Privacy on the internet is challenged in a wide variety of ways - from large social media companies, whose entire business models are based on privacy invasion, through the developing technologies of facial recognition, to the desire of governments to monitor our every activity online.
But the impact these issues have on our daily lives is often underplayed or misunderstood. In this book, Paul Bernal analyses how the internet became what it is today, exploring how the current manifestation of the internet works for people, for companies and even for governments, with reference to the new privacy battlefields of location and health data, the internet of things and the increasingly contentious issue of personal data and political manipulation.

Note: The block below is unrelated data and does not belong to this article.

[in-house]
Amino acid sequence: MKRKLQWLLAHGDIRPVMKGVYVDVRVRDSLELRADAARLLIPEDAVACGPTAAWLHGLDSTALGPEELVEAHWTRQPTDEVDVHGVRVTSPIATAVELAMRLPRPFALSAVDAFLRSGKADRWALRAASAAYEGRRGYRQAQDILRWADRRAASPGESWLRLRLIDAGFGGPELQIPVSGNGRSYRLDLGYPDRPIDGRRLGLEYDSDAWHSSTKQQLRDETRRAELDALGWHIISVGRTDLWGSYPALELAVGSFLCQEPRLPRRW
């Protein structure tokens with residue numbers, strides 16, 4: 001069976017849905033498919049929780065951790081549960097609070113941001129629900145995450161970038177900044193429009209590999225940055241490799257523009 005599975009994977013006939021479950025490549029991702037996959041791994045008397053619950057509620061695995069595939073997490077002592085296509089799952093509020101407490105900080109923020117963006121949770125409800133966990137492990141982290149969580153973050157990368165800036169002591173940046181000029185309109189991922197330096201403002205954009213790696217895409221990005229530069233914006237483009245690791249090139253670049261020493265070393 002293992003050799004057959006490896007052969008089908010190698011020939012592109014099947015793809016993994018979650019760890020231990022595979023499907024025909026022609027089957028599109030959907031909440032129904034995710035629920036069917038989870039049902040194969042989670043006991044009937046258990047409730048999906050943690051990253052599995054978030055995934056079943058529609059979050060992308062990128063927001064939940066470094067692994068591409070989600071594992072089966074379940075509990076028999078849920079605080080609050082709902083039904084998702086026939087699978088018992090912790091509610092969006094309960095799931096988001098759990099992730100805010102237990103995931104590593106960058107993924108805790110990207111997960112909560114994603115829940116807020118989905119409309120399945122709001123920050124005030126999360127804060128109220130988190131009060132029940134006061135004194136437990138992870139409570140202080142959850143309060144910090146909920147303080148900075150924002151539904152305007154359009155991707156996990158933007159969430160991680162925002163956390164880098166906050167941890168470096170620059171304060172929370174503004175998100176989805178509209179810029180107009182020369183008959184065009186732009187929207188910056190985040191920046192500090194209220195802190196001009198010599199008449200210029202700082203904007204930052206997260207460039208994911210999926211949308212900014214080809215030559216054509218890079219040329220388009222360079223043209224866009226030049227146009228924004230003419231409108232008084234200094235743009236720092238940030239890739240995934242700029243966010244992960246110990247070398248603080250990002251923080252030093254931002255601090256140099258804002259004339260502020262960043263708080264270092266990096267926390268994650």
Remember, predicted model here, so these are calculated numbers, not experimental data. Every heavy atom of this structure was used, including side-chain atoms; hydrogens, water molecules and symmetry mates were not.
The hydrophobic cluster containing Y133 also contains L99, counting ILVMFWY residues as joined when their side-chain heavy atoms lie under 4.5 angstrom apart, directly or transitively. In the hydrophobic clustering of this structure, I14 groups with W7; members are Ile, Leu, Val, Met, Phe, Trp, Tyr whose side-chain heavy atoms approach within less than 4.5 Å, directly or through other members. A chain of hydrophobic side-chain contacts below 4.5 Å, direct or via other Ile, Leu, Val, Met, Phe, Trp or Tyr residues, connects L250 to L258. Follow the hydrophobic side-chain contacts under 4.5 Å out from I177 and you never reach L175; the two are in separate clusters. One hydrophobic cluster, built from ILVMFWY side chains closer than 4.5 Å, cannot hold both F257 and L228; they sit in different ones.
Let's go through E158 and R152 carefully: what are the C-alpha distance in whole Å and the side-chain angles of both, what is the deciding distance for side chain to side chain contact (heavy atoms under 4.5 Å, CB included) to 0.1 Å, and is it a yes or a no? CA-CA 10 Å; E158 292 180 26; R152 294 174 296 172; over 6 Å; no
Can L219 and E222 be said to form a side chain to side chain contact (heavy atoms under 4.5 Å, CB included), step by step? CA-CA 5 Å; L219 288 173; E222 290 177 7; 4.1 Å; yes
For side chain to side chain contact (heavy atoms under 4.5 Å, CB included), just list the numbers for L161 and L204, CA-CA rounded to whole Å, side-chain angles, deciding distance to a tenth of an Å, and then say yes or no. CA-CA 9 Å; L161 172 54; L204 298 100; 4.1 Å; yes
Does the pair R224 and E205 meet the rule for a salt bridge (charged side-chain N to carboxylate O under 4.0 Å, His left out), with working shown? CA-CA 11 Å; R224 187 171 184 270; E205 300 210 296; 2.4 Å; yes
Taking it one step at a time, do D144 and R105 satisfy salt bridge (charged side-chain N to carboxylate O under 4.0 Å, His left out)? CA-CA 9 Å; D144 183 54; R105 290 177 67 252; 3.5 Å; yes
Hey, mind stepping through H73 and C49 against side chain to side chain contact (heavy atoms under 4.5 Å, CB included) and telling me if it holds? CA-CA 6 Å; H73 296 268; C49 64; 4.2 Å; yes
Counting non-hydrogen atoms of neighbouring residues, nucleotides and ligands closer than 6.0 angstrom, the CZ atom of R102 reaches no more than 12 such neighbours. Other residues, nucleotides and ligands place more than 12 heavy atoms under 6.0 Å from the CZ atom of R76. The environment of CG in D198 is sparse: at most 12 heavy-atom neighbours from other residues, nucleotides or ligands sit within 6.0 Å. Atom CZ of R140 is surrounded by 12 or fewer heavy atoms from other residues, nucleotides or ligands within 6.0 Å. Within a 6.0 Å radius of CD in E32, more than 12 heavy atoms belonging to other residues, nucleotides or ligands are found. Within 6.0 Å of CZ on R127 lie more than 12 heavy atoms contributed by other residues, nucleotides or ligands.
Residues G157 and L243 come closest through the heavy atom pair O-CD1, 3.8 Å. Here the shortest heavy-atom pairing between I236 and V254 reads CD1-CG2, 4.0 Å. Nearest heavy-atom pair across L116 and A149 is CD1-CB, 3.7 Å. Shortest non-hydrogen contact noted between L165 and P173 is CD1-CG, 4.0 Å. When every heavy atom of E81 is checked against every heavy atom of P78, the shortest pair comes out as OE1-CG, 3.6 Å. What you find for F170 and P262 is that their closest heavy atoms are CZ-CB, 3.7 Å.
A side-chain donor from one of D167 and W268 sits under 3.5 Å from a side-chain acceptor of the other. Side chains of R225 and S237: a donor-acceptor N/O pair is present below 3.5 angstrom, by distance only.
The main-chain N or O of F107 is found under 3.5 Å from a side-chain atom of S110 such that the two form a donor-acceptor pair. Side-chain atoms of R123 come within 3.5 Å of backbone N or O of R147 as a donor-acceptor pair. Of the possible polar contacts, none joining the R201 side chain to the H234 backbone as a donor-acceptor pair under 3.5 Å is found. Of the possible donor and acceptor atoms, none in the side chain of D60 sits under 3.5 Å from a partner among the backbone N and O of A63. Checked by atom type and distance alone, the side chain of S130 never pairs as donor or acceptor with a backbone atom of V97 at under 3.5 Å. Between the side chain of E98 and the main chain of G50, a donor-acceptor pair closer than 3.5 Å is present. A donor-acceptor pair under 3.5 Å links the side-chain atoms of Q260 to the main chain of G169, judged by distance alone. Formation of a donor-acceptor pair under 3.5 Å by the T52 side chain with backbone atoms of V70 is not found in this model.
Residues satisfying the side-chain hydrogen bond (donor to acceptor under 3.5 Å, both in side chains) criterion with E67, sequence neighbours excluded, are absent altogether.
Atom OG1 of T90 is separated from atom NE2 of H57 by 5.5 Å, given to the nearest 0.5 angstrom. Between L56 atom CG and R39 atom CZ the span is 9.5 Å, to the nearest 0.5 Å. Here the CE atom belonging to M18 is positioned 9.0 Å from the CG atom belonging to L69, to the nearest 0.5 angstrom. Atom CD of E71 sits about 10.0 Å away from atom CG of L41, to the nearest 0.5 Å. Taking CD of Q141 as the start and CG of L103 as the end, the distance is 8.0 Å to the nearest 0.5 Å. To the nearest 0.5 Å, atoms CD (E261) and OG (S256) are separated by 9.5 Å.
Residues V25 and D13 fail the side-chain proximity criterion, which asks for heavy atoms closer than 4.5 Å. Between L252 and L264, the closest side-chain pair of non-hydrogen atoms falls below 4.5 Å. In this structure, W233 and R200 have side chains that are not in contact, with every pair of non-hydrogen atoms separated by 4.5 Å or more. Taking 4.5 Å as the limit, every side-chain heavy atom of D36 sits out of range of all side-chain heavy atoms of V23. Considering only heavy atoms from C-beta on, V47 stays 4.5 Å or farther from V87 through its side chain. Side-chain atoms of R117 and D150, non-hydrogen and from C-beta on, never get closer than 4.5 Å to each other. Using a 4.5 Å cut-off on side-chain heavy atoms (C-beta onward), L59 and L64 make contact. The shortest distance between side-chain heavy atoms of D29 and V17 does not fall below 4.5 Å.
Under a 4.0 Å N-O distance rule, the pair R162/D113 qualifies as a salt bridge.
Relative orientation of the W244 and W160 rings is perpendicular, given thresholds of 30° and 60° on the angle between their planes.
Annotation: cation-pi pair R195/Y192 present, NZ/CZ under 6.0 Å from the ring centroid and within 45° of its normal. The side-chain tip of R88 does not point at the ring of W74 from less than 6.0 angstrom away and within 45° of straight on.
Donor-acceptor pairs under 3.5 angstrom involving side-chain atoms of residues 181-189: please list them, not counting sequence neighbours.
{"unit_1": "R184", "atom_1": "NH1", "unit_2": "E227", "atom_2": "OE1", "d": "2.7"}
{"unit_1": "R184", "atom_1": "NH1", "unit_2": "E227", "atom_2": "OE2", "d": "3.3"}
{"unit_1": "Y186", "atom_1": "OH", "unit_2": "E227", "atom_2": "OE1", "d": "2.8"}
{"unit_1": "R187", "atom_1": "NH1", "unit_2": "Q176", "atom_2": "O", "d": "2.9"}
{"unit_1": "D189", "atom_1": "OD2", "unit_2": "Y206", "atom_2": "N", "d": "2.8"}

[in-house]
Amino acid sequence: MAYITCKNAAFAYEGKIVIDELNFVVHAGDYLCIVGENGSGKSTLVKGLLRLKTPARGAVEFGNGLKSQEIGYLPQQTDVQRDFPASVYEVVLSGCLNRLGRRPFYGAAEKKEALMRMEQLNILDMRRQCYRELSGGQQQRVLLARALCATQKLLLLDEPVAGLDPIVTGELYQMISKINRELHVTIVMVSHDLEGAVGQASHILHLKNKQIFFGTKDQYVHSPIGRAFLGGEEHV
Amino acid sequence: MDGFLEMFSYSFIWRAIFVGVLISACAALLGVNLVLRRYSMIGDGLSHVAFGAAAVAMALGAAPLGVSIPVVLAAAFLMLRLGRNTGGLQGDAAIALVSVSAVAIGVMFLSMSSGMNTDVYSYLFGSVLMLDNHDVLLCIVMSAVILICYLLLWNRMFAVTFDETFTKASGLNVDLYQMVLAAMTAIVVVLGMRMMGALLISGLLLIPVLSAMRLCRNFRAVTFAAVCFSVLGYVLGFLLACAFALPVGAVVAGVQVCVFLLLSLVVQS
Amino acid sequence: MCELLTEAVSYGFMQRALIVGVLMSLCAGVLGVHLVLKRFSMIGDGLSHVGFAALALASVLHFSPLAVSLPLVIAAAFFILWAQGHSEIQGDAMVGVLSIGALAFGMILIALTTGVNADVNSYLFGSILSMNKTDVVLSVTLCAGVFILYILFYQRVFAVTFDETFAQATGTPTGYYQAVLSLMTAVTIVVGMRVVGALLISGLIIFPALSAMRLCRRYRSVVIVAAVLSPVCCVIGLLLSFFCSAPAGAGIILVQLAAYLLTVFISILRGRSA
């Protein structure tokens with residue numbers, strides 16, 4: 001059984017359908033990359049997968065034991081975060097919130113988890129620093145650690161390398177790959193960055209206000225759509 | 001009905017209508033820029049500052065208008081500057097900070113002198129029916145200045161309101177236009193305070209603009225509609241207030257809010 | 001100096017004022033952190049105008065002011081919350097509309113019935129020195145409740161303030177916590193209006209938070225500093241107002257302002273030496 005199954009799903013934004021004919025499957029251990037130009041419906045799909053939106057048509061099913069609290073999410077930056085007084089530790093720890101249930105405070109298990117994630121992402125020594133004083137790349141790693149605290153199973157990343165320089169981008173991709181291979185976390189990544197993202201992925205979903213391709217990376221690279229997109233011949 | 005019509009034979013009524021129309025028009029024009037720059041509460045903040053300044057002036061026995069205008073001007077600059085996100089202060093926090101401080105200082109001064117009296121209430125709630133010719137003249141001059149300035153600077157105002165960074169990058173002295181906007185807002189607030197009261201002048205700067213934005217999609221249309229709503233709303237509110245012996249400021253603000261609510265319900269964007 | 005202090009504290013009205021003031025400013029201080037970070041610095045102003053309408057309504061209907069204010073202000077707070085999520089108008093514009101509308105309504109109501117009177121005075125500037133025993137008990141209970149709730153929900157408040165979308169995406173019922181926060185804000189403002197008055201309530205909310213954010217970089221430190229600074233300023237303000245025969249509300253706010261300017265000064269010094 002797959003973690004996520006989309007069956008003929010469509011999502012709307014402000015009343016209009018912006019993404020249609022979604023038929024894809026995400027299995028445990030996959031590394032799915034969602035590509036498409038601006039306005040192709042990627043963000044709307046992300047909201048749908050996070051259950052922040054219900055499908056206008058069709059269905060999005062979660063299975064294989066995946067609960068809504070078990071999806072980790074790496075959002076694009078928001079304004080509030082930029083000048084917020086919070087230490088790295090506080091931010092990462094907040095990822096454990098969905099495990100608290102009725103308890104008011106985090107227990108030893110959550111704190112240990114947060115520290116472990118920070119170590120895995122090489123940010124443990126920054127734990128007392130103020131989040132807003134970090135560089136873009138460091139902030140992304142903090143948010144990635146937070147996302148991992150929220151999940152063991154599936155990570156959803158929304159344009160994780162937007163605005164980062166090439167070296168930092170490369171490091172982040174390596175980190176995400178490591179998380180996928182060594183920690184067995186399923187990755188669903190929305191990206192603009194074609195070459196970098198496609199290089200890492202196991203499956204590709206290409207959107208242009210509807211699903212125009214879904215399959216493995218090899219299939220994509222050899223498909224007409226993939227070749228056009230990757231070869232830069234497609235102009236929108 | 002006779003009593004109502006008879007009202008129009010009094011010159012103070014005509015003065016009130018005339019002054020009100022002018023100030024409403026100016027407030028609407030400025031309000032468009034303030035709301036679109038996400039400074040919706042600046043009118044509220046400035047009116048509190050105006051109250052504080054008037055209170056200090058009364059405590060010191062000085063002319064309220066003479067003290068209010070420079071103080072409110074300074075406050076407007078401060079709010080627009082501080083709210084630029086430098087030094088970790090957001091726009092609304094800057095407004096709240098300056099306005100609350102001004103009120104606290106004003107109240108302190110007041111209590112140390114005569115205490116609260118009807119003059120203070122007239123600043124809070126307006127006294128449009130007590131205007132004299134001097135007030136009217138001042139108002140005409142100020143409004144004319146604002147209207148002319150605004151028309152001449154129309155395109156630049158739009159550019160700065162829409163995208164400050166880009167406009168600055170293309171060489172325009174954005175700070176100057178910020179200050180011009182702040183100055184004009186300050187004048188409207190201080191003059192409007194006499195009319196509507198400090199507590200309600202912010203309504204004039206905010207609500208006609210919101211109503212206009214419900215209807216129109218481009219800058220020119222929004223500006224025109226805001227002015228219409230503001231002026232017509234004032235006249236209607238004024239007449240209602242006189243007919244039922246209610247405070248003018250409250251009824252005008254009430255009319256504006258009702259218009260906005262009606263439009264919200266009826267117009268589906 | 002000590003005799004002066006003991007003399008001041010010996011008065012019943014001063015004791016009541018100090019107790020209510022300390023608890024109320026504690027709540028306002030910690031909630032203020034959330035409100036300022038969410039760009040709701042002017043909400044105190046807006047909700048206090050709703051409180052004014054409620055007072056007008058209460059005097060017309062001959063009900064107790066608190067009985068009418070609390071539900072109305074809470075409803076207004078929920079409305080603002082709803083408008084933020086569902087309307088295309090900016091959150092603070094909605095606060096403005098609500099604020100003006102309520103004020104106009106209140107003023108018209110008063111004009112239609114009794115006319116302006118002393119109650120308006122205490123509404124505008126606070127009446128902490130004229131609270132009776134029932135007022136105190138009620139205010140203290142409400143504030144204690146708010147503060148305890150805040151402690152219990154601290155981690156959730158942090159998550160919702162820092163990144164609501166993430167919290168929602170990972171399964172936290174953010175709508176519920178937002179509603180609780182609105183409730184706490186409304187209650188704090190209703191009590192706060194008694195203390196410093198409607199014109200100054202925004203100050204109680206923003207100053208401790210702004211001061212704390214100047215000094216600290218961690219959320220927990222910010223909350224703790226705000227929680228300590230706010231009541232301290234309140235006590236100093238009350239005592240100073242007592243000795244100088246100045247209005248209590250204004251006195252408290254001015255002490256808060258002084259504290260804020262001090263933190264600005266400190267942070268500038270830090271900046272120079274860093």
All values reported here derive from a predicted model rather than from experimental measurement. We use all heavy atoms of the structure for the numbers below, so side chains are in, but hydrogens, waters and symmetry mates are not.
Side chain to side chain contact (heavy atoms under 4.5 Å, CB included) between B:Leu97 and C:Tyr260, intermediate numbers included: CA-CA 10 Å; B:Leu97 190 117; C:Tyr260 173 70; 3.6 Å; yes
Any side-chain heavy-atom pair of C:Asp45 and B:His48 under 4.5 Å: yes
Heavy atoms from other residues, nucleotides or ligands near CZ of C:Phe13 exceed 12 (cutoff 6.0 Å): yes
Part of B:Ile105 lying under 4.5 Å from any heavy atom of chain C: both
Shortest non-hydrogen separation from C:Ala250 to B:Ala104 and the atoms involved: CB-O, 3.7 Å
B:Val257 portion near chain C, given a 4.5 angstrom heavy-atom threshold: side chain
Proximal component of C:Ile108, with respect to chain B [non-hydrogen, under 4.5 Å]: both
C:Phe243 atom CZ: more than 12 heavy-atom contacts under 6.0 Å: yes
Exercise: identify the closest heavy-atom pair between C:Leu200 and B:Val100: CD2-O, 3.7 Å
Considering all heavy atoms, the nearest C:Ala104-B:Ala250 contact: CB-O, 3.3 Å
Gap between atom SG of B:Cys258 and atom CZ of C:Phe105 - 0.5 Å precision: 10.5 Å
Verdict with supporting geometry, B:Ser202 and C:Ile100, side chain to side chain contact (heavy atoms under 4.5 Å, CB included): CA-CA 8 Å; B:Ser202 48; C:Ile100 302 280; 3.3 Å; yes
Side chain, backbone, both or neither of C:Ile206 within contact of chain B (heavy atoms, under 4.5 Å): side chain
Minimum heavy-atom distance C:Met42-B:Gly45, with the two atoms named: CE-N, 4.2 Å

The author then proposes what we should do about the problems surrounding internet privacy, such as significant changes in government policy, a reversal of the current 'war' on encryption, being brave enough to take on the internet giants, and challenging the idea that 'real names' would improve the discourse on social networks. ABOUT THE SERIES: The 'What Do We Know and What Should We Do About...?' series offers readers short, up-to-date overviews of key issues often misrepresented, simplified or misunderstood in modern society and the media.
Each book is written by a leading social scientist with an established reputation in the relevant subject area.
The Series Editor is Professor Chris Grey, Royal Holloway, University of London